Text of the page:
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Monday, August 7, 2017 at 7:00 PM    

  •    by Allan Baker    •    directed by Mary Fridley

Monday, August 14, 2017 at 7:00 PM  

david and alice and sophie broke up    •  
  by Joel Fishbane    •    directed by B. Todd Johnston


About the Play and Playwrights:

Dare by Allan Baker

Dare is the story of an elderly gay man whose desire to die on his own terms sparks an impassioned challenge from his younger gay doctor. The conversation that follows is an intense exploration of love, friendship, AIDS and activism – and a celebration of the rule-breakers who came before us, paving the way for same-sex marriage legislation in 2015. As funny as it is intimate, Dare is a touching reminder that the lessons of history must be part of any struggle for a better and more accepting world. This play weaves together the history of gay liberation, the enduring threat of homophobia, the impact of AIDS, aging in the gay community, end of life issues, the argument between advocates of gay “assimilation” and gay “radicalism” ... and the vital role of drag queens.

A note from the playwright:
"After retiring and after a decade as a gay rights activist in Texas, I began writing in 2004 and have since written thirteen plays, all but one with gay characters and themes.  By 2018, eleven of these plays will have been on stage, in a total of twenty-two productions and seven staged readings, from coast to coast in the US and from Guam to Canada, internationally.  For information about my plays and their productions, you may visit my website at

"When I turned from political activism to writing plays, it was because I realized that, in the intimate setting of theatre, the dramatic action and journey of the characters, set immediately before the audience, aims directly for the emotions and emotional life of the audience.  My activism had aimed to win minds; I then decided to attempt to win hearts. And a heart, won, is a far more powerful ally than a mind, convinced."

david and alice and sophie broke up by Joel Fishbane

Set in the second half of 2015, the play begins in the aftermath of the Ashley Madison leaks, which have led to the break-up of David, Alice, and Sophie, a trio of New Yorkers who have been in a ménage à trois for several years. Their break up causes a crisis in the marriage of their friends, Frankie and Kendrick. As the summer rumbles on, the characters are forced to confront their own choices when it comes to sex and love and monogamy.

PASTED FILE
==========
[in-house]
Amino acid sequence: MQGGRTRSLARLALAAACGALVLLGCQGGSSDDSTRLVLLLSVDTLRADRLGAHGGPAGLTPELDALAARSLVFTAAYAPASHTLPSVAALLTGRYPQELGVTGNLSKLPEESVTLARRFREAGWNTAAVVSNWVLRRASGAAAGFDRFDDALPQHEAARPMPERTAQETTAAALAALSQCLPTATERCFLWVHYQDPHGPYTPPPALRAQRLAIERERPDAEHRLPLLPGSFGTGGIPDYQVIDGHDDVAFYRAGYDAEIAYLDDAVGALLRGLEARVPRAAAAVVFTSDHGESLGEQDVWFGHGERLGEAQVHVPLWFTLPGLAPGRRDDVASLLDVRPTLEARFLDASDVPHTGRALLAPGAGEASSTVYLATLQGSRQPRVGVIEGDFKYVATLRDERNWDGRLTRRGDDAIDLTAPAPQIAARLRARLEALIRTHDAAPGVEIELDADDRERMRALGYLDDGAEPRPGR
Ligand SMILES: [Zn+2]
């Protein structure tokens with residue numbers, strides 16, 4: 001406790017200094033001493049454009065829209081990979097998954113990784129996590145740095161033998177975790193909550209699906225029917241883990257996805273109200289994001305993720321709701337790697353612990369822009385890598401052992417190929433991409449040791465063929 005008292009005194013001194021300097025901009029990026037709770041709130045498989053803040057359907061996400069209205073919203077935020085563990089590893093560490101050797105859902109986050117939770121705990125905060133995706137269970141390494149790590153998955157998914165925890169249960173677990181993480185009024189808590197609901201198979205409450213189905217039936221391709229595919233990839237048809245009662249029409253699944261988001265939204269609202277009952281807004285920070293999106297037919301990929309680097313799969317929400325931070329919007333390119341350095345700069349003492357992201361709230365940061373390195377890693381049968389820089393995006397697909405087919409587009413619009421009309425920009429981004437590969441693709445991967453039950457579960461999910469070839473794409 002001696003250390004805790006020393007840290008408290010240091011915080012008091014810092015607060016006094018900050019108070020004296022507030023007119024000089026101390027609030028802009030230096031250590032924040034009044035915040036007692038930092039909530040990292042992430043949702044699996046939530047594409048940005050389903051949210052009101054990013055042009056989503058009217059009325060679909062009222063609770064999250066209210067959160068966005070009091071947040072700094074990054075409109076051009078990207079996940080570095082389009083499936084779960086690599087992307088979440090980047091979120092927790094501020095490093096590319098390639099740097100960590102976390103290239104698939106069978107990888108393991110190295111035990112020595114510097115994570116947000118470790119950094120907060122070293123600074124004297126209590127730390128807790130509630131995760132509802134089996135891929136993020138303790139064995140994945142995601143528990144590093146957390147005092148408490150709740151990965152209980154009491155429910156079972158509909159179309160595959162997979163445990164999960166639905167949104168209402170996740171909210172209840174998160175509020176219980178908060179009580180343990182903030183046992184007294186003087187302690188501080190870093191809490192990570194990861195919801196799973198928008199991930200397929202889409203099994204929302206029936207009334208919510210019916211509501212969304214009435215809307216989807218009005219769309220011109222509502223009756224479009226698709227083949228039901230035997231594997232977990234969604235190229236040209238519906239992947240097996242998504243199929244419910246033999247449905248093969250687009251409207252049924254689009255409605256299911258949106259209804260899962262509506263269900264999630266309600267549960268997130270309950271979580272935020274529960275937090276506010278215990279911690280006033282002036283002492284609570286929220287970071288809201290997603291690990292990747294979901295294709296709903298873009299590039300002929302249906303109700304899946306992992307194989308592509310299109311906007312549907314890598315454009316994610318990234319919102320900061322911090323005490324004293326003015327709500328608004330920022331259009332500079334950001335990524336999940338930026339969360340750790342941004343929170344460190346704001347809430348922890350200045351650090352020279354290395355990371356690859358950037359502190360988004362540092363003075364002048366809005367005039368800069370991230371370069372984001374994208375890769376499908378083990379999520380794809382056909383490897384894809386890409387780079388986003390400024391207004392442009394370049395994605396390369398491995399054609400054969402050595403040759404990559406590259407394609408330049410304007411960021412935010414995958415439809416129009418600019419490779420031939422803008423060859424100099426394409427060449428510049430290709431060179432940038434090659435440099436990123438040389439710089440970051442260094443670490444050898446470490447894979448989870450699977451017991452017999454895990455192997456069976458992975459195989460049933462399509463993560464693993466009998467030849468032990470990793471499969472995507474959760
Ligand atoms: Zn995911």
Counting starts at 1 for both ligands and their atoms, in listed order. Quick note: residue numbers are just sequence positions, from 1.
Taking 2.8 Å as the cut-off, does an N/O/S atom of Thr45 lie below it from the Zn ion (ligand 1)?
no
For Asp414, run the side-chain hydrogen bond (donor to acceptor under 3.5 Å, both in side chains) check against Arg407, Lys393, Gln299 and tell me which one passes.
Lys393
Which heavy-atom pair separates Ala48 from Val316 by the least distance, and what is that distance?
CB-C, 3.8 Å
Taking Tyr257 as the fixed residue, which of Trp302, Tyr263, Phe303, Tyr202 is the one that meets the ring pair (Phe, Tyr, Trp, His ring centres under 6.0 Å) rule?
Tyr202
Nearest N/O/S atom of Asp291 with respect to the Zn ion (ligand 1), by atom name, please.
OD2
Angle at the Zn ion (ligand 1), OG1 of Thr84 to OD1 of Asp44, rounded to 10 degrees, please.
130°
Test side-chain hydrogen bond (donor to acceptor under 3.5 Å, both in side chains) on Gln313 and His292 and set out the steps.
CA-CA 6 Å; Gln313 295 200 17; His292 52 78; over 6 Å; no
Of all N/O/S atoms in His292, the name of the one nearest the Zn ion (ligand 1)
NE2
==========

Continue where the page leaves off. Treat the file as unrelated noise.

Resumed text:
Joel Fishbane is a novelist, playwright, and screenwriter. His plays have been produced, developed, or otherwise honored at the Great Plains Theatre Conference, the NAAA Playreading Festival, the Dayton Playhouse Futurefest, the BBC International Radio Playwriting Contest, the Drip Action Theatre Trail Festival, Alumnae Theatre's New Ideas Festival, Theatre Three Festival of One Act Plays, and Infinitheatre's Write-On-Q Playwriting Contest. He is the winner of the Georgia Theatre Conference One Act Play Contest (2013), and the Toronto Fringe New Play Contest (2010). Joel's debut novel "The Thunder of Giants" is available from St. Martin's Press, while his fiction and non-fiction has been widely published in such varied places as the Writer, the Saturday Evening Post, New England Review, and

Tickets are $10 for the general public; $8 for Castillo Theatre members.


2017 Finalists:

Hostage    by Michelle Kholos Brooks
Shirley and Bella    by Glenn Farrington
The Politics of Fabulousness    by Judy Klass
Ebenezer Creek    by James McLindon
Acceptance (the mandy cooke play)    by Nicholas Vasilios Pappas
Nadleehi and the Coyote    by Patricia Reynoso
I'm Walking to New Orleans    by Susan Sher

About the Contest:

The Castillo Theatre sponsors the Mario Fratti-Fred Newman Political Play Contest and reading series bi-annually. The contest is intended to encourage the writing of progressive plays that engage the political/social/cultural questions affecting the world today and/or historical events and issues that impact on our communities. 

The contest encourages scripts that experiment with form and seek new ways of seeing and new ways of experiencing theatrical performance.  Castillo welcomes scripts from all countries and cultures. 

The plays submitted to the Fratti-Newman Political Play Contest may be written in any style, set in any historical time, geographic or imaginary location, contain any number of characters and be of any length. The plays must be in English and cannot be musicals or adaptations. No scripts will be considered that have previously been submitted to this contest, have received a production or won other contests. Only one script per playwright per year will be accepted.

A team of distinguished theatre artists judges the contest. The winning script(s) receive a reading at the Castillo Theatre in New York City during the theatre’s 2017-summer season (dates above!).

Submissions for the 2017 contest are of course closed.

We will accept scripts for the 2019 contest beginning October 1, 2017 with a deadline of July 1, 2018.